8 Tips for Managing Anxiety

Well-Being

Hello my dear friends,

In this week’s blog, I hope to help you to feel less alone and realize that whatever you’re feeling during this time is completely normal. I’ll share some tools to help you cultivate a sense of mental resilience and strength from within, so you feel like you can manage anything that happens externally.

First, I believe that it’s incredibly important that we all let ourselves off the hook of getting through this pandemic perfectly. Perfect doesn’t exist in regular life, and it certainly does not exist in the messy world of coronavirus. Let yourself off the hook right now. You do not have to have it all together, but be happy, whole, and safe.

There is no right way to maneuver through a global pandemic that none of us have ever experienced. We are all going through these motions and circumstances through our very unique lenses. Release the need to compare yourself to someone else, and don’t feel like you have to be overly productive or perfect.

None of that exists and none of that matters. Remember, a global pandemic is a universal trauma, so our minds, bodies, and spirits are in a constant fight or flight mode. We are in a trauma response, so I want to remind everyone of this. This is a big deal! 

Today, I will walk you through practices that will bring you into the present moment, and how we can start to find peace, power, and a sense of control, even when life feels so chaotic and uncertain on the outside.

1. Have an aligned routine in place. I believe routine and aligned structure help to relieve anxiety. Choosing how we want to structure our day and our lives allows us a feeling of control. So ask yourself, “What are some practices of ‘normal’ life that make you feel good? Getting dressed? Making coffee? Going for a walk?” Do these things, even if they aren’t necessary or essential.

2. Create a peaceful space/environment. This might be a tough one, but if you’re working from home, try to set aside a dedicated space for your work. Make it feel professional, like you would in your regular office. Decluttering can greatly reduce your sense of anxiety. 

3. Establish a self-care routine. Begin to cultivate habits that help you feel good, feel better, and feel more sane. Studies have shown that practicing mindfulness for at least 1-percent of your day can drastically change the other 99-percent. Notice where you can weave in small moment of mindfulness, of being fully present, of consciously breathing, of centering with yourself.

4. Becoming aware of what your mind is saying to you. Start to get really familiar with your mind, its patterns, and the thoughts you repeatedly think. You can ask yourself:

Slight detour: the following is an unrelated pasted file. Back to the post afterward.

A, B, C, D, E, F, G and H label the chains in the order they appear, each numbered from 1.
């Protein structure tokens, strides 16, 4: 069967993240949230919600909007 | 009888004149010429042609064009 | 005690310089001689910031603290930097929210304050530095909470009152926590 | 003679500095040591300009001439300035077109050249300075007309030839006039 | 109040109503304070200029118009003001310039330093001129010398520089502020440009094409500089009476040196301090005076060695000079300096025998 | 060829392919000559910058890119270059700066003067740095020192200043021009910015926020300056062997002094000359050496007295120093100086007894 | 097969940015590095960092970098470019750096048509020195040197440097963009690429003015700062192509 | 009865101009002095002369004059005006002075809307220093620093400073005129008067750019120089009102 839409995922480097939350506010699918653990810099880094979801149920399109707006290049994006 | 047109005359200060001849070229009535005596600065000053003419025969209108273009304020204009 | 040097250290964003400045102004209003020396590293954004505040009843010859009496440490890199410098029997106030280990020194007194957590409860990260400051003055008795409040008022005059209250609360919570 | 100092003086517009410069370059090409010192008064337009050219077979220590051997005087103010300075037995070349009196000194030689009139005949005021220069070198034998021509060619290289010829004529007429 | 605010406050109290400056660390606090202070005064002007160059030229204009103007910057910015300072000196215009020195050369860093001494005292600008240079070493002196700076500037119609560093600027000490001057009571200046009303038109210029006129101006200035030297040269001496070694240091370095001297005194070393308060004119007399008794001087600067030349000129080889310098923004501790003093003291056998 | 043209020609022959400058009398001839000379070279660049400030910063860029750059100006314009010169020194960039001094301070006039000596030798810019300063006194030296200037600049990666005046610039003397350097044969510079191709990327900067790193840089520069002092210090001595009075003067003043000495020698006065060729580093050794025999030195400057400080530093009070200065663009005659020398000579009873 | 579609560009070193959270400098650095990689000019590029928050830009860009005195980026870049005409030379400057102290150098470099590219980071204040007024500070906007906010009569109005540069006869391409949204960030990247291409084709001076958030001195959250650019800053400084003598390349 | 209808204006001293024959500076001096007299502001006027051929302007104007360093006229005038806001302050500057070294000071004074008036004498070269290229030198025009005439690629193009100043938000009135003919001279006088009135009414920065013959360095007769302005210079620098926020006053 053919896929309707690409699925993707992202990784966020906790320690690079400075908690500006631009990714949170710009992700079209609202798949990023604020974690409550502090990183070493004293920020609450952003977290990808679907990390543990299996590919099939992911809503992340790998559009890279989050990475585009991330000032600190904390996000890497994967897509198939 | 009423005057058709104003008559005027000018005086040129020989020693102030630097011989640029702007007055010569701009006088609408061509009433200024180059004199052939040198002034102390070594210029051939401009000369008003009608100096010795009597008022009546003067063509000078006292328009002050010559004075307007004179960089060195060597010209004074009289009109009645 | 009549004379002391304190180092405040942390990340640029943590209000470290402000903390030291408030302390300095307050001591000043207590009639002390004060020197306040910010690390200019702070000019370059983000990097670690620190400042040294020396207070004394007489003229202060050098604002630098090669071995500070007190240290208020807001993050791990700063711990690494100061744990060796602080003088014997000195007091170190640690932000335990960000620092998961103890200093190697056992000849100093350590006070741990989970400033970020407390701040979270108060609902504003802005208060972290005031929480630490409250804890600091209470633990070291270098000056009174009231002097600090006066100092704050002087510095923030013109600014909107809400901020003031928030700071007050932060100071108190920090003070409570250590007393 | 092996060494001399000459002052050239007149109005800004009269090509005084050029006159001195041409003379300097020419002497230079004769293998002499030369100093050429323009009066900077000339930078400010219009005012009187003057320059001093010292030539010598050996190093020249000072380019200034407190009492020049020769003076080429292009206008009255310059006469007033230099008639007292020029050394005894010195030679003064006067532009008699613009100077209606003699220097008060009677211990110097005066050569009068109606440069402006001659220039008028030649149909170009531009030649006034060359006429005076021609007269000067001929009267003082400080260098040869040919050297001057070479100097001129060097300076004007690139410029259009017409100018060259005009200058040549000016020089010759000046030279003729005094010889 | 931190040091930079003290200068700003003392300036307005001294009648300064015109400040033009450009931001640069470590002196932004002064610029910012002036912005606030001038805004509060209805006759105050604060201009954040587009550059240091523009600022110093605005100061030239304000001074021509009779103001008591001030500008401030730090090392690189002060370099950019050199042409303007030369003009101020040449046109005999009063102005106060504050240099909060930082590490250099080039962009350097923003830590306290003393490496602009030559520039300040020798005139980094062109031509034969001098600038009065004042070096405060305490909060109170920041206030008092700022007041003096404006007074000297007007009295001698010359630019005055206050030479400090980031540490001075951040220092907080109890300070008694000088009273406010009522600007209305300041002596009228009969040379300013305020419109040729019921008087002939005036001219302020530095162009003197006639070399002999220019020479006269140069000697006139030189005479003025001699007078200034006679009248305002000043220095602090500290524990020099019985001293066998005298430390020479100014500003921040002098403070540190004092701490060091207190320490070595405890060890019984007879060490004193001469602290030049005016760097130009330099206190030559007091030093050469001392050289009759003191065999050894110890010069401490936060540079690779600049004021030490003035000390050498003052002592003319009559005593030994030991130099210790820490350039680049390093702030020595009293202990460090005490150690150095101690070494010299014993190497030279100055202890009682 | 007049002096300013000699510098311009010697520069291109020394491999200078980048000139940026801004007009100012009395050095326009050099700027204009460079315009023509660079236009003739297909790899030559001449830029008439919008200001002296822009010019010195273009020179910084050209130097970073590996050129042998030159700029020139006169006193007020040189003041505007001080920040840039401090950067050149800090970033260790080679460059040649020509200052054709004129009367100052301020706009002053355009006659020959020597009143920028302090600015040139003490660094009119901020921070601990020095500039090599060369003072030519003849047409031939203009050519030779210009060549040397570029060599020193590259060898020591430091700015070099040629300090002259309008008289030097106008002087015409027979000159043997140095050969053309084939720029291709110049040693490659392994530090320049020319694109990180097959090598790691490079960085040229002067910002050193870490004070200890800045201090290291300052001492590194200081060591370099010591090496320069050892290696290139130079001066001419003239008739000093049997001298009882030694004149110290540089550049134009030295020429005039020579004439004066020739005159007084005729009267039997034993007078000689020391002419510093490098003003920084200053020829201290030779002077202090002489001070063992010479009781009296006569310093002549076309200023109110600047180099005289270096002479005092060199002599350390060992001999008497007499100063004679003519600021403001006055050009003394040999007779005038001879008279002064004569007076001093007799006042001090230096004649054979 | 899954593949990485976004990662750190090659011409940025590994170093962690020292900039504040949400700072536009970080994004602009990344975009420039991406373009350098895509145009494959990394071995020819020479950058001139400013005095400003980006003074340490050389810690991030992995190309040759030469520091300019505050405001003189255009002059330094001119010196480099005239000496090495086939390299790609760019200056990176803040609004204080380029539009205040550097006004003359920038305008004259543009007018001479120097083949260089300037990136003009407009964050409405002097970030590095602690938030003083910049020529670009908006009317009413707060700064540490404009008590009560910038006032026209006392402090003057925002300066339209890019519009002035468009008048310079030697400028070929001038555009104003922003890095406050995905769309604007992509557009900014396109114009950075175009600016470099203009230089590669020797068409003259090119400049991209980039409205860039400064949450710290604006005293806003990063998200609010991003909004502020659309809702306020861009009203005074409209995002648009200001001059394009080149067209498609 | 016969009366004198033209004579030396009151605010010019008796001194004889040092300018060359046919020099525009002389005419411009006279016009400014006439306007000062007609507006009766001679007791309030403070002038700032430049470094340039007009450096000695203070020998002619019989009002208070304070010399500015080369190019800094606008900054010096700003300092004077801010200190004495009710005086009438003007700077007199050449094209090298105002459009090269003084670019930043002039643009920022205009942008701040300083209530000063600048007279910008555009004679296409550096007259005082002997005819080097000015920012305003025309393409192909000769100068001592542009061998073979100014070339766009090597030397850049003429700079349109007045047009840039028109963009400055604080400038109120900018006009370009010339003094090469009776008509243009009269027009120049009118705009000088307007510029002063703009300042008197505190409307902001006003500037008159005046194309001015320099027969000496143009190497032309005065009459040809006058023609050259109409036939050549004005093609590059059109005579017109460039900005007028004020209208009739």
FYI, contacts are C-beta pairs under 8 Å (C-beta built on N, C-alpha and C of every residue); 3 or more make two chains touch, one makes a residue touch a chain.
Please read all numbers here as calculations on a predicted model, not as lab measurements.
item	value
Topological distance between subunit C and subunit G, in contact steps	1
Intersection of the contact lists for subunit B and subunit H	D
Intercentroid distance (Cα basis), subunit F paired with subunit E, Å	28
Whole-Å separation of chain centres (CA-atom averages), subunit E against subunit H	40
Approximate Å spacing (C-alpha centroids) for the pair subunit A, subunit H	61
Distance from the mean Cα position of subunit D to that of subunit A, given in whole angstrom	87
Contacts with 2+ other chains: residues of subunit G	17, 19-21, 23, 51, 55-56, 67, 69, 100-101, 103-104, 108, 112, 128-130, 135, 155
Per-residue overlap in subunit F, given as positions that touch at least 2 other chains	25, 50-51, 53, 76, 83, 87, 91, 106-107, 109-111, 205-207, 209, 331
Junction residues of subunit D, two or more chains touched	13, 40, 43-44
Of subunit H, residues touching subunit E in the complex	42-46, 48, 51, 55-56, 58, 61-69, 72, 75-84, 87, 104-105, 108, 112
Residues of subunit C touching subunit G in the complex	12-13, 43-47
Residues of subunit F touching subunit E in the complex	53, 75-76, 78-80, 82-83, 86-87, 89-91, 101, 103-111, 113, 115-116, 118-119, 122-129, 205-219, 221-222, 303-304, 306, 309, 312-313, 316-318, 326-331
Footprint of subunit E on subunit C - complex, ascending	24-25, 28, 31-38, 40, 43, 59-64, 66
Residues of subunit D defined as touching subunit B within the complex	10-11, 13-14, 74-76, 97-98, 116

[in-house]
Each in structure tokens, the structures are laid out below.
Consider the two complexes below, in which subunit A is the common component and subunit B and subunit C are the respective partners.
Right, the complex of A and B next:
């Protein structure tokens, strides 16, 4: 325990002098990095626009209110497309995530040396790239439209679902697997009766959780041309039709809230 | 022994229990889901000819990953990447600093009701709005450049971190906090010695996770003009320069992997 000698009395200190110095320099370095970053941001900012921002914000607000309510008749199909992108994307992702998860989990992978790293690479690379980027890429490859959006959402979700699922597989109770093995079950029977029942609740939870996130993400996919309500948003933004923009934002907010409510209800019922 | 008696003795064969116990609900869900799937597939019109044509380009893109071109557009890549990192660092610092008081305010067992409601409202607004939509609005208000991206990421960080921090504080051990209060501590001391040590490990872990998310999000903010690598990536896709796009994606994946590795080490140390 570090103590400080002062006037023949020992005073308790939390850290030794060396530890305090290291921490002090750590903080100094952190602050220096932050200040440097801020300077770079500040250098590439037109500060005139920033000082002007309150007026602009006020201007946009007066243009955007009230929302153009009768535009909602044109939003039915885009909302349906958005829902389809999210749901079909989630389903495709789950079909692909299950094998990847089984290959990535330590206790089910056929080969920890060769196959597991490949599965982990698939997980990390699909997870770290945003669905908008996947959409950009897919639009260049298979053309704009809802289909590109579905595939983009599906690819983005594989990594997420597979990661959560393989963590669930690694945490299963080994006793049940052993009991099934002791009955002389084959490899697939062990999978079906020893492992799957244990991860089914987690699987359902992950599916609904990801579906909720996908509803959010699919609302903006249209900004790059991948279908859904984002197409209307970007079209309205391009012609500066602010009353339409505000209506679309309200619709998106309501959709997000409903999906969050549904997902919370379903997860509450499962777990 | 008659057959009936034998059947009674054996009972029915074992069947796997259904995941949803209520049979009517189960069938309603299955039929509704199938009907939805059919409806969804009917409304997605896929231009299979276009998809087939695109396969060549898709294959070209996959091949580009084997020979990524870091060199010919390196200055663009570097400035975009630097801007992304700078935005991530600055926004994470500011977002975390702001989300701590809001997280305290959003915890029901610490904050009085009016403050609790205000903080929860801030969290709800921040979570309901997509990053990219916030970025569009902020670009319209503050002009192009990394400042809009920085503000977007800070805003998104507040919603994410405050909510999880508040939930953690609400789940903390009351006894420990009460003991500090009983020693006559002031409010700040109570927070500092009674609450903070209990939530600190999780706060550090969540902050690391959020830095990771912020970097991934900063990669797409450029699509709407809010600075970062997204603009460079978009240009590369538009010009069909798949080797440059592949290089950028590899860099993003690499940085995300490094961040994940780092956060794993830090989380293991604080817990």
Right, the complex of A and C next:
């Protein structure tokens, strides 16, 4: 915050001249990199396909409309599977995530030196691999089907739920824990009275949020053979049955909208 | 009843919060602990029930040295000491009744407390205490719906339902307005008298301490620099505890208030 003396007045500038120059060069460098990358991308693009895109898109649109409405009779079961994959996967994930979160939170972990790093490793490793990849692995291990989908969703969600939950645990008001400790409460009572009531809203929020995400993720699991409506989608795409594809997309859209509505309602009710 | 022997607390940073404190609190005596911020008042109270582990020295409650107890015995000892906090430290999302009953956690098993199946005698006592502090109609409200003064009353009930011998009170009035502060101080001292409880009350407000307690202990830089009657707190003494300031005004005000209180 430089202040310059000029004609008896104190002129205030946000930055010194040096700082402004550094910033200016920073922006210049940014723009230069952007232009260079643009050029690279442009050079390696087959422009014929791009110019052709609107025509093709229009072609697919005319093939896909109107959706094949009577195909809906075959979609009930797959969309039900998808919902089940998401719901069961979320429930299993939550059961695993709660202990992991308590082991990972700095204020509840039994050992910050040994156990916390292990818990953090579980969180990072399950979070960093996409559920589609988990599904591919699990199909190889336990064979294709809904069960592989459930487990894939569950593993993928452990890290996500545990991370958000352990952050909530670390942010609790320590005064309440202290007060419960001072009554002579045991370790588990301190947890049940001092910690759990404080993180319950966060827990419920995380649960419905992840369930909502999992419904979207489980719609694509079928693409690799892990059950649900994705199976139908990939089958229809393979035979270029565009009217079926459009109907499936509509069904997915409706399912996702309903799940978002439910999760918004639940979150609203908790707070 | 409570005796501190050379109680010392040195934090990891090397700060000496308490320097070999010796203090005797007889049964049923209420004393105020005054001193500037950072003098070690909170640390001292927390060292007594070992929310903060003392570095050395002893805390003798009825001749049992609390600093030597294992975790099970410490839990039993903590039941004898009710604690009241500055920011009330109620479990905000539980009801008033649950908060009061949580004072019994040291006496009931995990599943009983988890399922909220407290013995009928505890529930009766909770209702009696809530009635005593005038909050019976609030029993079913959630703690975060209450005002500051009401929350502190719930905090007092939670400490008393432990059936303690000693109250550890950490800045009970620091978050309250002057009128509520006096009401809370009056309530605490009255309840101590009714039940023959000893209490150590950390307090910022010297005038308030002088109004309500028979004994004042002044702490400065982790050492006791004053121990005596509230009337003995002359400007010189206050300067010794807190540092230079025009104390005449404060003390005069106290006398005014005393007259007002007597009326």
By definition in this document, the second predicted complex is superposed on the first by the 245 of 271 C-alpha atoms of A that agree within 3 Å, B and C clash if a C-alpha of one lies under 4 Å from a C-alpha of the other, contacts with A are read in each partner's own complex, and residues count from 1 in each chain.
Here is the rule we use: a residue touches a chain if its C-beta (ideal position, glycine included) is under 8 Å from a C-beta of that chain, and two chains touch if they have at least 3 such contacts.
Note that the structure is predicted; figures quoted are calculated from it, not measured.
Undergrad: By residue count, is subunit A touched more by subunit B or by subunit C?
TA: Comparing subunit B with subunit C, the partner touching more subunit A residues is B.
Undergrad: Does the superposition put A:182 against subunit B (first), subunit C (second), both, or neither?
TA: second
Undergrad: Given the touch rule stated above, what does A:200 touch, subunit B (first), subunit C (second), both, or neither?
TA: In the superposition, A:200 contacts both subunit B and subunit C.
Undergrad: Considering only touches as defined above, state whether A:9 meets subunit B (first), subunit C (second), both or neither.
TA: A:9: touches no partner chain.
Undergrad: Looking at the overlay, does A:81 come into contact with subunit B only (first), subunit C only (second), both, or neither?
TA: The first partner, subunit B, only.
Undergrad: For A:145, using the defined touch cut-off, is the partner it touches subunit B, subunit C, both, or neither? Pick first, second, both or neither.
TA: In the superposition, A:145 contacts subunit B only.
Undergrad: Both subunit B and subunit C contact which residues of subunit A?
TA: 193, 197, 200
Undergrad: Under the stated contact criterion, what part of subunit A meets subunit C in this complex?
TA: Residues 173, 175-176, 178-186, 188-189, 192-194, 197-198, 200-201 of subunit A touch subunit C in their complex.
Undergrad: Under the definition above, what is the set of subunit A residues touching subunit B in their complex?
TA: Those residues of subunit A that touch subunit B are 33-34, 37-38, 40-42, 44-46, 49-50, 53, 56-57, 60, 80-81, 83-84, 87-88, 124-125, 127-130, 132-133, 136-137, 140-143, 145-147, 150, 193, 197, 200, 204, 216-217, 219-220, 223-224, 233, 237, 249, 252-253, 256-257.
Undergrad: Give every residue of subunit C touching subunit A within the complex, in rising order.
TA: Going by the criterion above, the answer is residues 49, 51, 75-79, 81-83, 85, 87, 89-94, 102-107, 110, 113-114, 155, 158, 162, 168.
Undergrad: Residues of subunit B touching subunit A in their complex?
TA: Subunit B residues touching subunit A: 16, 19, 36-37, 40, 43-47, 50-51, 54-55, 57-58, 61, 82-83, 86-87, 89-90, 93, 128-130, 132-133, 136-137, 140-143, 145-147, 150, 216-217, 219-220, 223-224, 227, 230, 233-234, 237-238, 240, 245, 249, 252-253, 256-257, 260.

1. What am I thinking moment to moment?
    2. What am I saying to myself on a daily basis?
    3. Am I quick to react in a situation, or do I pause to skillfully respond?

5. Name your feelings when you’re feeling anxious. Dr. Jill Bolte Taylor says that it takes us 90 seconds for a feeling to fully move through your body and mind. How long it stays with you after that, is up to you, and how you choose to engage with it. It’s important to be cognizant and aware of feelings that arise, and trust that with all things, all feelings will pass and are never final.

6. Check in with yourself regularly. Often times we do a great job at checking in on our loved ones, but seldom do we turn inward to check in with ourselves. Start a dialogue with yourself where you ask yourself important questions about your feelings, mental state, and mood. Think of this as creating a barometer for yourself. With this data, you can pivot and adjust accordingly to help yourself in any given day.

7. Know your trusted inner circle. It’s a huge sigh of relief when you clearly know the people that you can wholeheartedly rely on and trust (and remember that this is usually maybe one or two people). I often find that when I share too much vulnerable information with too many people who aren’t necessarily trustworthy, my anxiety spikes. Know and honor the trustworthy ones, and lean on them when you need additional support.

8. Remember you are not alone. While isolation and separation can make us feel alone, know that no matter the distance, we are all connected. Our journeys may look different and feel different, but find comfort in knowing that each of us are here on this earth at this time for a reason and for a purpose, and you’re never alone.

Sending all my love to you as we venture into this new week!

xo, Michelle

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Editors Pick

The Practice by Barb Schmidt

Barb offers readers life-changing spiritual guidance in an easy to follow format, and what makes this book so magnificent is that she has infused her own stories and struggles to help readers connect and learn.
Gabrielle Bernstein, New York Times bestselling author of May Cause Miracles